Eyes in the Sky, Boots on the Ground: Assessing Satellite- and Ground-Based Approaches to Crop Yield Measurement and Analysis in Uganda

29 Pages Posted: 27 Mar 2018

See all articles by David B. Lobell

David B. Lobell

Lawrence Livermore National Laboratory

George Azzari

Stanford University - Department of Earth System Science and the FSE

Marshall Burke

University of California, Berkeley; Stanford University - Freeman Spogli Institute for International Studies

Sydney Gourlay

World Bank - Development Data Group

Zhenong Jin

Stanford University - Department of Earth System Science and the FSE

Talip Kilic

World Bank - Development Data Group (DECDG)

Siobhan Murray

World Bank

Date Written: March 26, 2018

Abstract

Crop yields in smallholder systems are traditionally assessed using farmer-reported information in surveys, occasionally by crop cuts for a sub-section of a farmer's plot, and rarely using full-plot harvests. Accuracy and cost vary dramatically across methods. In parallel, satellite data is improving in terms of spatial, temporal, and spectral resolution needed to discern performance on smallholder plots. This study uses data from a survey experiment in Uganda, and evaluates the accuracy of Sentinel-2 imagery-based, remotely-sensed plot-level maize yields with respect to ground-based measures relying on farmer self-reporting, sub-plot crop cutting (CC), and full-plot crop cutting (FP). Remotely-sensed yields include two versions calibrated to FP and CC yields (calibrated), and an alternative based on crop model simulations, using no ground data (uncalibrated). On the ground, self-reported yields explained less than 1 percent of FP (and CC) yield variability, and while the average difference between CC and FP yields was not significant, CC yields captured one-quarter of FP yield variability. With satellite data, both calibrated and uncalibrated yields captured FP yield variability on pure stand plots similarly well, and both captured half of FP yield variability on pure stand plots above 0.10 hectare. The uncalibrated yields were consistently 1 ton per hectare higher than FP or CC yields, and the satellite-based yields were less well correlated with the ground-based measures on intercropped plots compared with pure stand ones. Importantly, regressions using CC, FP and remotely-sensed yields as dependent variables all produced very similar coefficients for yield response to production factors.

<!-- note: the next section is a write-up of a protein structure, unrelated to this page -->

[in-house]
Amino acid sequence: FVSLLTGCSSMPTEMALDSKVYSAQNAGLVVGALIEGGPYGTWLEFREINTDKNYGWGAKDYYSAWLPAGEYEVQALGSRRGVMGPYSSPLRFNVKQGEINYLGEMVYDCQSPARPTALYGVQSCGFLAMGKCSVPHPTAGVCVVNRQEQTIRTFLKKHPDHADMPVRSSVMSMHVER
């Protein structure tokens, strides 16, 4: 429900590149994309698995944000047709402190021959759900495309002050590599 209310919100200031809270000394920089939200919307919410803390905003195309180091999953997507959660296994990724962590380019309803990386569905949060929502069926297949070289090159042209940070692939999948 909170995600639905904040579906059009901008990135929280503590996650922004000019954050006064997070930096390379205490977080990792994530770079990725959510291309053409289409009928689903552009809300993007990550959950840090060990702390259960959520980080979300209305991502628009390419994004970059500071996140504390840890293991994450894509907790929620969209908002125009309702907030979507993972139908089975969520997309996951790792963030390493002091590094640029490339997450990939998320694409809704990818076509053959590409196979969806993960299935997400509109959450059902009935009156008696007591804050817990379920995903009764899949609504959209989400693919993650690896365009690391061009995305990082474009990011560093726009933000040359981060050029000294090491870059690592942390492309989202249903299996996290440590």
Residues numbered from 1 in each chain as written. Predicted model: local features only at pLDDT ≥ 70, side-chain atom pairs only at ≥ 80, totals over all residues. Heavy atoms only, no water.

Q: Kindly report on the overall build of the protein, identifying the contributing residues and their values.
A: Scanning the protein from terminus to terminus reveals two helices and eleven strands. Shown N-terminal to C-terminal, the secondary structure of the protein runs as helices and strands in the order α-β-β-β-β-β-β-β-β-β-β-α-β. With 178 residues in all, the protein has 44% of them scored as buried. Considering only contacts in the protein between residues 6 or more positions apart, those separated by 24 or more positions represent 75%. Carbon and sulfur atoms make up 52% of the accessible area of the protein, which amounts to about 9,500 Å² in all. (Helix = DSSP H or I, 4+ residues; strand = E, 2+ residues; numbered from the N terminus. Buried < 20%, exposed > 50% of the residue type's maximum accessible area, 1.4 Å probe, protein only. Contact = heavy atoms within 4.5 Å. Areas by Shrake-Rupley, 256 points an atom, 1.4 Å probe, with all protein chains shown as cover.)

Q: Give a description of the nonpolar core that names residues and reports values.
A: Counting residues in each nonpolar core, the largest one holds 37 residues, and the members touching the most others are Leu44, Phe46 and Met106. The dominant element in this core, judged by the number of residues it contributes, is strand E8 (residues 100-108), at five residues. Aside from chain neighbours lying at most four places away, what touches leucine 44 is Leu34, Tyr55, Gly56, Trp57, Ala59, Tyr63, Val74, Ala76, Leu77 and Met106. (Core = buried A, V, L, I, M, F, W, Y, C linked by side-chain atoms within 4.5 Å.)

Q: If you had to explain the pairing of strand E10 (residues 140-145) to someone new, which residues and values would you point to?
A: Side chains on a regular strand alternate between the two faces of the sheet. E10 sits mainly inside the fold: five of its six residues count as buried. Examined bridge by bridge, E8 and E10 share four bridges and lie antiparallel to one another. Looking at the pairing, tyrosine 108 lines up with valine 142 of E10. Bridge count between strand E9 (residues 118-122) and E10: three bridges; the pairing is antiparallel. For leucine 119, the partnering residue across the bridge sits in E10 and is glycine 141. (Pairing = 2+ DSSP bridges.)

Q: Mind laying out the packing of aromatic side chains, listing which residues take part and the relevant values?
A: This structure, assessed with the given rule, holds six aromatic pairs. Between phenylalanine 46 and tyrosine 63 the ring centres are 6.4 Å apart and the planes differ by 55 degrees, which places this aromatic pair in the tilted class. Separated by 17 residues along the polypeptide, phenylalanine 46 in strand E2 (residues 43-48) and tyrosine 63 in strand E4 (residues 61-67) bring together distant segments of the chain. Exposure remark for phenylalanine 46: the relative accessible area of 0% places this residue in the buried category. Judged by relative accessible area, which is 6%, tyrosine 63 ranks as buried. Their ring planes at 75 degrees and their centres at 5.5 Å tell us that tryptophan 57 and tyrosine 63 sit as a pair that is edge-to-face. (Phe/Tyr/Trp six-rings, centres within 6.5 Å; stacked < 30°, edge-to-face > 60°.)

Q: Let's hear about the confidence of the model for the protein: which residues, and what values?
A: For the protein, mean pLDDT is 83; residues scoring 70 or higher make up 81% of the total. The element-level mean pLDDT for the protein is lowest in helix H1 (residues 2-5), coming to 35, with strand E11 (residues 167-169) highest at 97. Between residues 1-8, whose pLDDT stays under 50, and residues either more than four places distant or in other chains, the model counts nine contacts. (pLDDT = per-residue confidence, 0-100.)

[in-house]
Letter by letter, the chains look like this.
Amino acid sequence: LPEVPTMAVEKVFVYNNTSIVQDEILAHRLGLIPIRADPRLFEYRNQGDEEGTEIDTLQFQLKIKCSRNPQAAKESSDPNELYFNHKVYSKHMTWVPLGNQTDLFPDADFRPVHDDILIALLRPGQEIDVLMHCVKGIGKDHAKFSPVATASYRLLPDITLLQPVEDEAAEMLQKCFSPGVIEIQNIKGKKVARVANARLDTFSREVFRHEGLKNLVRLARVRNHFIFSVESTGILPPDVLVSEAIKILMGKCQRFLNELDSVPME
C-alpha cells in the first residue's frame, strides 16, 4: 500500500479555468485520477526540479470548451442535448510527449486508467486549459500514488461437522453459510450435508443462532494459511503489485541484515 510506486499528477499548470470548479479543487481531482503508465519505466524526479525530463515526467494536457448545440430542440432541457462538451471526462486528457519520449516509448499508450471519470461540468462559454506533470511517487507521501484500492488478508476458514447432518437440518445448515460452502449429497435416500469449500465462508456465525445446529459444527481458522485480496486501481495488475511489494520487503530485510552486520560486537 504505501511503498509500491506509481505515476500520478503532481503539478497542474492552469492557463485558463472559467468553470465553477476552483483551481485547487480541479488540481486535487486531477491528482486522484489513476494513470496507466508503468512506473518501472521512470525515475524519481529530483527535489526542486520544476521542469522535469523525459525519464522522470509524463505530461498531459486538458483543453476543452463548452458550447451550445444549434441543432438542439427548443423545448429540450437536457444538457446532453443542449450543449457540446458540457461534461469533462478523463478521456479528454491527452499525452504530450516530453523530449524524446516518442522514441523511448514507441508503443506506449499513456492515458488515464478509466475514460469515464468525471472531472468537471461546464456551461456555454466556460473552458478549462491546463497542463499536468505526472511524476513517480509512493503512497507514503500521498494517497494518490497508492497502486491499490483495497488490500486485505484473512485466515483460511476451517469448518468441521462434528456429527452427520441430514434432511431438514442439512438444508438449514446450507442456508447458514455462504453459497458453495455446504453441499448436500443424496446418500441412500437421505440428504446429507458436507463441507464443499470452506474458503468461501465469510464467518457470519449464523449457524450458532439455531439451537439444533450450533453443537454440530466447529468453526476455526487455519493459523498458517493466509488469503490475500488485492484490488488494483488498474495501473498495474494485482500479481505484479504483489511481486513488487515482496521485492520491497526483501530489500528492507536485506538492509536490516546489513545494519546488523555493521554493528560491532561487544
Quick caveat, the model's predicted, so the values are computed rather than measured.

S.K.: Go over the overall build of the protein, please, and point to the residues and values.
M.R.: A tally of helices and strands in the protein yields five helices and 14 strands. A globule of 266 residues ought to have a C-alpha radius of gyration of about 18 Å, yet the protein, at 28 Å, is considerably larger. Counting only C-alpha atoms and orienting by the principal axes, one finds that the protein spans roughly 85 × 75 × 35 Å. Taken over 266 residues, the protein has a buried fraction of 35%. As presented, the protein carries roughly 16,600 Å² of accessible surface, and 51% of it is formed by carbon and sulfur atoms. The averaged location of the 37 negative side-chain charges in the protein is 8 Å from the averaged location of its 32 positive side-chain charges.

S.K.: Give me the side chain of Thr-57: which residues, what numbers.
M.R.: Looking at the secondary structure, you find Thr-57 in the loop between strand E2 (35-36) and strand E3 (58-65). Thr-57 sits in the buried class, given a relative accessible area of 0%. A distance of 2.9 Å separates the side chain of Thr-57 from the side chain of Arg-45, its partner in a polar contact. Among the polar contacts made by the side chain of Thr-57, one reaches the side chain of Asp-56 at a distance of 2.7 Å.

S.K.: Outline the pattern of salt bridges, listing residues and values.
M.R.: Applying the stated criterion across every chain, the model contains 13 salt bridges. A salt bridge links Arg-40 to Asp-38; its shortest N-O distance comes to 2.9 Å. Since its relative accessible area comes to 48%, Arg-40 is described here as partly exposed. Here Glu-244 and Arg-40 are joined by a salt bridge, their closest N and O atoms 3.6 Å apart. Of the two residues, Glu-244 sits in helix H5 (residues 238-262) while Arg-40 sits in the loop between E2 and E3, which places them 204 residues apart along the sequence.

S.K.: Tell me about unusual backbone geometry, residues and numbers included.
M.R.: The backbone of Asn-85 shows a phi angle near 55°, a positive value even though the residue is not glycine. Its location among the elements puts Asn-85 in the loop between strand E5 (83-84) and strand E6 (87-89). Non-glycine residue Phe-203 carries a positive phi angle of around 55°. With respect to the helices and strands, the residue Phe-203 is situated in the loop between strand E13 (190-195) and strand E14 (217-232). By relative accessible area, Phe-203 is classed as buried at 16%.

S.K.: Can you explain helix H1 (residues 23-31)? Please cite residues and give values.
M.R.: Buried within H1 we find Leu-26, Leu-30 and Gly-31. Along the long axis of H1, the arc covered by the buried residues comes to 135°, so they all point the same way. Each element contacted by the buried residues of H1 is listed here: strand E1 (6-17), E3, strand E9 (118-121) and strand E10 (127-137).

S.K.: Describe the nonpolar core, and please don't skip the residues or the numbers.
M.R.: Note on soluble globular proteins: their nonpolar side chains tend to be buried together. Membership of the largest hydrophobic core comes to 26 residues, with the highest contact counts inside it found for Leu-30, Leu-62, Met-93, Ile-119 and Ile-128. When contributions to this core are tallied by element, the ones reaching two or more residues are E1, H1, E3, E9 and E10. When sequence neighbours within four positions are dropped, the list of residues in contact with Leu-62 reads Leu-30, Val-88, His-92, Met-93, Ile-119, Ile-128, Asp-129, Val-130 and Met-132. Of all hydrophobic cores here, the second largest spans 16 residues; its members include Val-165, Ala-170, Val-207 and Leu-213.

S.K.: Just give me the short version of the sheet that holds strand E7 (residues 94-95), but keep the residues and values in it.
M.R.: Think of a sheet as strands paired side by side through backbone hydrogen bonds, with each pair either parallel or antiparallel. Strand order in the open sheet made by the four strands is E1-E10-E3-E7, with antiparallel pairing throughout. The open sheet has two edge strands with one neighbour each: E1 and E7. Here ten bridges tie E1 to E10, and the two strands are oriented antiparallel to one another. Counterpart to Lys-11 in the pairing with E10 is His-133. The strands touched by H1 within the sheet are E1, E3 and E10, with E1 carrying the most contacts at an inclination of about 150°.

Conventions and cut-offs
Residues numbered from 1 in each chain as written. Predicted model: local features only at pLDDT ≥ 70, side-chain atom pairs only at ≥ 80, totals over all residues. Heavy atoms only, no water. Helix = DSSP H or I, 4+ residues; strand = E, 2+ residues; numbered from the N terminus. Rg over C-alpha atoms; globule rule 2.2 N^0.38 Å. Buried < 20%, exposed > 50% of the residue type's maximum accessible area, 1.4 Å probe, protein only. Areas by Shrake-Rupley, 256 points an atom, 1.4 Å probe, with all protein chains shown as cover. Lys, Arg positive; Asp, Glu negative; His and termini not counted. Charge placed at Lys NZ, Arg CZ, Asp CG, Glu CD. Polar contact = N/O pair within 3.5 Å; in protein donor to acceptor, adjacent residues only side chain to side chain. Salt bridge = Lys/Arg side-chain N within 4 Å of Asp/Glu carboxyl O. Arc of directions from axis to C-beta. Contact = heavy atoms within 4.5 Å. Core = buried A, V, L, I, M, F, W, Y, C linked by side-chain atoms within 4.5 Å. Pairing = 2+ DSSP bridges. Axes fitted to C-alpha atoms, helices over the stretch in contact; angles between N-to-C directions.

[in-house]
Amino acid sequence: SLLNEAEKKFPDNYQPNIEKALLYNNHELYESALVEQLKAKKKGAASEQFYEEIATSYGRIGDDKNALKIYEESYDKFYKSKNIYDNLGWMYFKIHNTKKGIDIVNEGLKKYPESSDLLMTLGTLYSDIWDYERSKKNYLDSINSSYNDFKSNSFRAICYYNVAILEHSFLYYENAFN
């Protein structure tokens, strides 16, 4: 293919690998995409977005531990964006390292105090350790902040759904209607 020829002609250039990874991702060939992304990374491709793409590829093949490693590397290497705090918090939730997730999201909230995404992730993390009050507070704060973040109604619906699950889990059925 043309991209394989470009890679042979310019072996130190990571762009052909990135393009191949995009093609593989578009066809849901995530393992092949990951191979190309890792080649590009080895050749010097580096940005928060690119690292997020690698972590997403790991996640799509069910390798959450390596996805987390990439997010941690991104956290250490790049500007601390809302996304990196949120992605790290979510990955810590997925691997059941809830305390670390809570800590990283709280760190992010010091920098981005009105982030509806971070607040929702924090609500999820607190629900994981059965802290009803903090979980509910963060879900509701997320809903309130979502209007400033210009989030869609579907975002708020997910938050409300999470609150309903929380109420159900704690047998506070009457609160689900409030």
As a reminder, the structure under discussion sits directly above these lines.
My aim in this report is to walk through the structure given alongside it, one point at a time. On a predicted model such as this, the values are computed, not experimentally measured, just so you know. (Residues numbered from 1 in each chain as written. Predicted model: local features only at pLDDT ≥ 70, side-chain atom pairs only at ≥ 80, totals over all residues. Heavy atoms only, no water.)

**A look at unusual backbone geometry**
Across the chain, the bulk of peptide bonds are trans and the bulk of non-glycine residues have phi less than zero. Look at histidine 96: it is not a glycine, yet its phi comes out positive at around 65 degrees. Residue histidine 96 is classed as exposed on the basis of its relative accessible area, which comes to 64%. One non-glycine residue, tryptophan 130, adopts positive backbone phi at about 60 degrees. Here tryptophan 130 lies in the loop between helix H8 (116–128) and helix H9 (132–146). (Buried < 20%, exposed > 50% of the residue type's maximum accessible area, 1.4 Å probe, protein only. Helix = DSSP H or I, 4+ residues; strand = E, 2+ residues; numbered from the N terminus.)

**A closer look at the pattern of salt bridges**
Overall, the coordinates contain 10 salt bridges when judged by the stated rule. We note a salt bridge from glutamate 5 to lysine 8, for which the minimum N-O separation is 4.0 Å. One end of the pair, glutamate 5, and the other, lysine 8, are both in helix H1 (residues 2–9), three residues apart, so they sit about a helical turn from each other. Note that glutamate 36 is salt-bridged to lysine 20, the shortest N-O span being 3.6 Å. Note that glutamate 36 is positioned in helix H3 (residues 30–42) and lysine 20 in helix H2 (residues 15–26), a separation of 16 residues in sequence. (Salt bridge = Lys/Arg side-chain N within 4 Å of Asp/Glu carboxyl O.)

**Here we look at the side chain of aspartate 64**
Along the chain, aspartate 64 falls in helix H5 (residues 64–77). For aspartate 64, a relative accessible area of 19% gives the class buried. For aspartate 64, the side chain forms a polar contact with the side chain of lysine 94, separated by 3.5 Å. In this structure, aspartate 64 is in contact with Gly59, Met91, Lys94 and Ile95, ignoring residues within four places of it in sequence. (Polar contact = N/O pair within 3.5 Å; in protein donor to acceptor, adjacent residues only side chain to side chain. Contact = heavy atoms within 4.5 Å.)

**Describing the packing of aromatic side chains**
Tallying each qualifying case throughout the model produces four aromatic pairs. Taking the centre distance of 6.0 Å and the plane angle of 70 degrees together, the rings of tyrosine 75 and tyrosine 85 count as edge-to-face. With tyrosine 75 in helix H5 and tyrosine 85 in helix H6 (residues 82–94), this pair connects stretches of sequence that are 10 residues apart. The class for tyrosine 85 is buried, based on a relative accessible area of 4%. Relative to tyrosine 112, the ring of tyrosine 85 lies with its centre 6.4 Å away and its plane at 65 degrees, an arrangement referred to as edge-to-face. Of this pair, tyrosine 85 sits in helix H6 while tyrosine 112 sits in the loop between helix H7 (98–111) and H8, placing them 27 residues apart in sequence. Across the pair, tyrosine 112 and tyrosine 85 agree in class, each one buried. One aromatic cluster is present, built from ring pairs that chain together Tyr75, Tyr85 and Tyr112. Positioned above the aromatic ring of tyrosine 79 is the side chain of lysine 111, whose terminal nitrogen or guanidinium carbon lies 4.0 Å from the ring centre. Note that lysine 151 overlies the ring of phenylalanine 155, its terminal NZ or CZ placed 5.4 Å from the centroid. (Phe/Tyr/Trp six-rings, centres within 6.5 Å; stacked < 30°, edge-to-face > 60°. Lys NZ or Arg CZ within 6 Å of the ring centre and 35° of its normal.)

Keywords: Food Security, Crops and Crop Management Systems, Climate Change and Agriculture, Inequality, Nutrition, Educational Sciences

Suggested Citation

Lobell, David B. and Azzari, George and Burke, Marshall and Gourlay, Sydney and Jin, Zhenong and Kilic, Talip and Murray, Siobhan, Eyes in the Sky, Boots on the Ground: Assessing Satellite- and Ground-Based Approaches to Crop Yield Measurement and Analysis in Uganda (March 26, 2018). World Bank Policy Research Working Paper No. 8374. Available at SSRN: https://ssrn.com/abstract=3150087

David B. Lobell (Contact Author)

Lawrence Livermore National Laboratory ( email )

P.O. Box 808
Livermore, CA 94551
United States

George Azzari

Stanford University - Department of Earth System Science and the FSE ( email )

Stanford, CA 94305
United States

Marshall Burke

University of California, Berkeley ( email )

310 Barrows Hall
Berkeley, CA 94720
United States

Stanford University - Freeman Spogli Institute for International Studies ( email )

Stanford, CA 94305
United States

Sydney Gourlay

World Bank - Development Data Group ( email )

1818 H Street, NW
Washington, DC 20433
United States

Zhenong Jin

Stanford University - Department of Earth System Science and the FSE ( email )

Stanford, CA 94305
United States

Talip Kilic

World Bank - Development Data Group (DECDG) ( email )

Via Labicana 110
Rome, Lazio 00184
Italy

Siobhan Murray

World Bank ( email )

1818 H Street, NW
Washington, DC 20433
United States

Register to save articles to
your library

Register

Paper statistics

Downloads
59
Abstract Views
267
rank
363,076
PlumX Metrics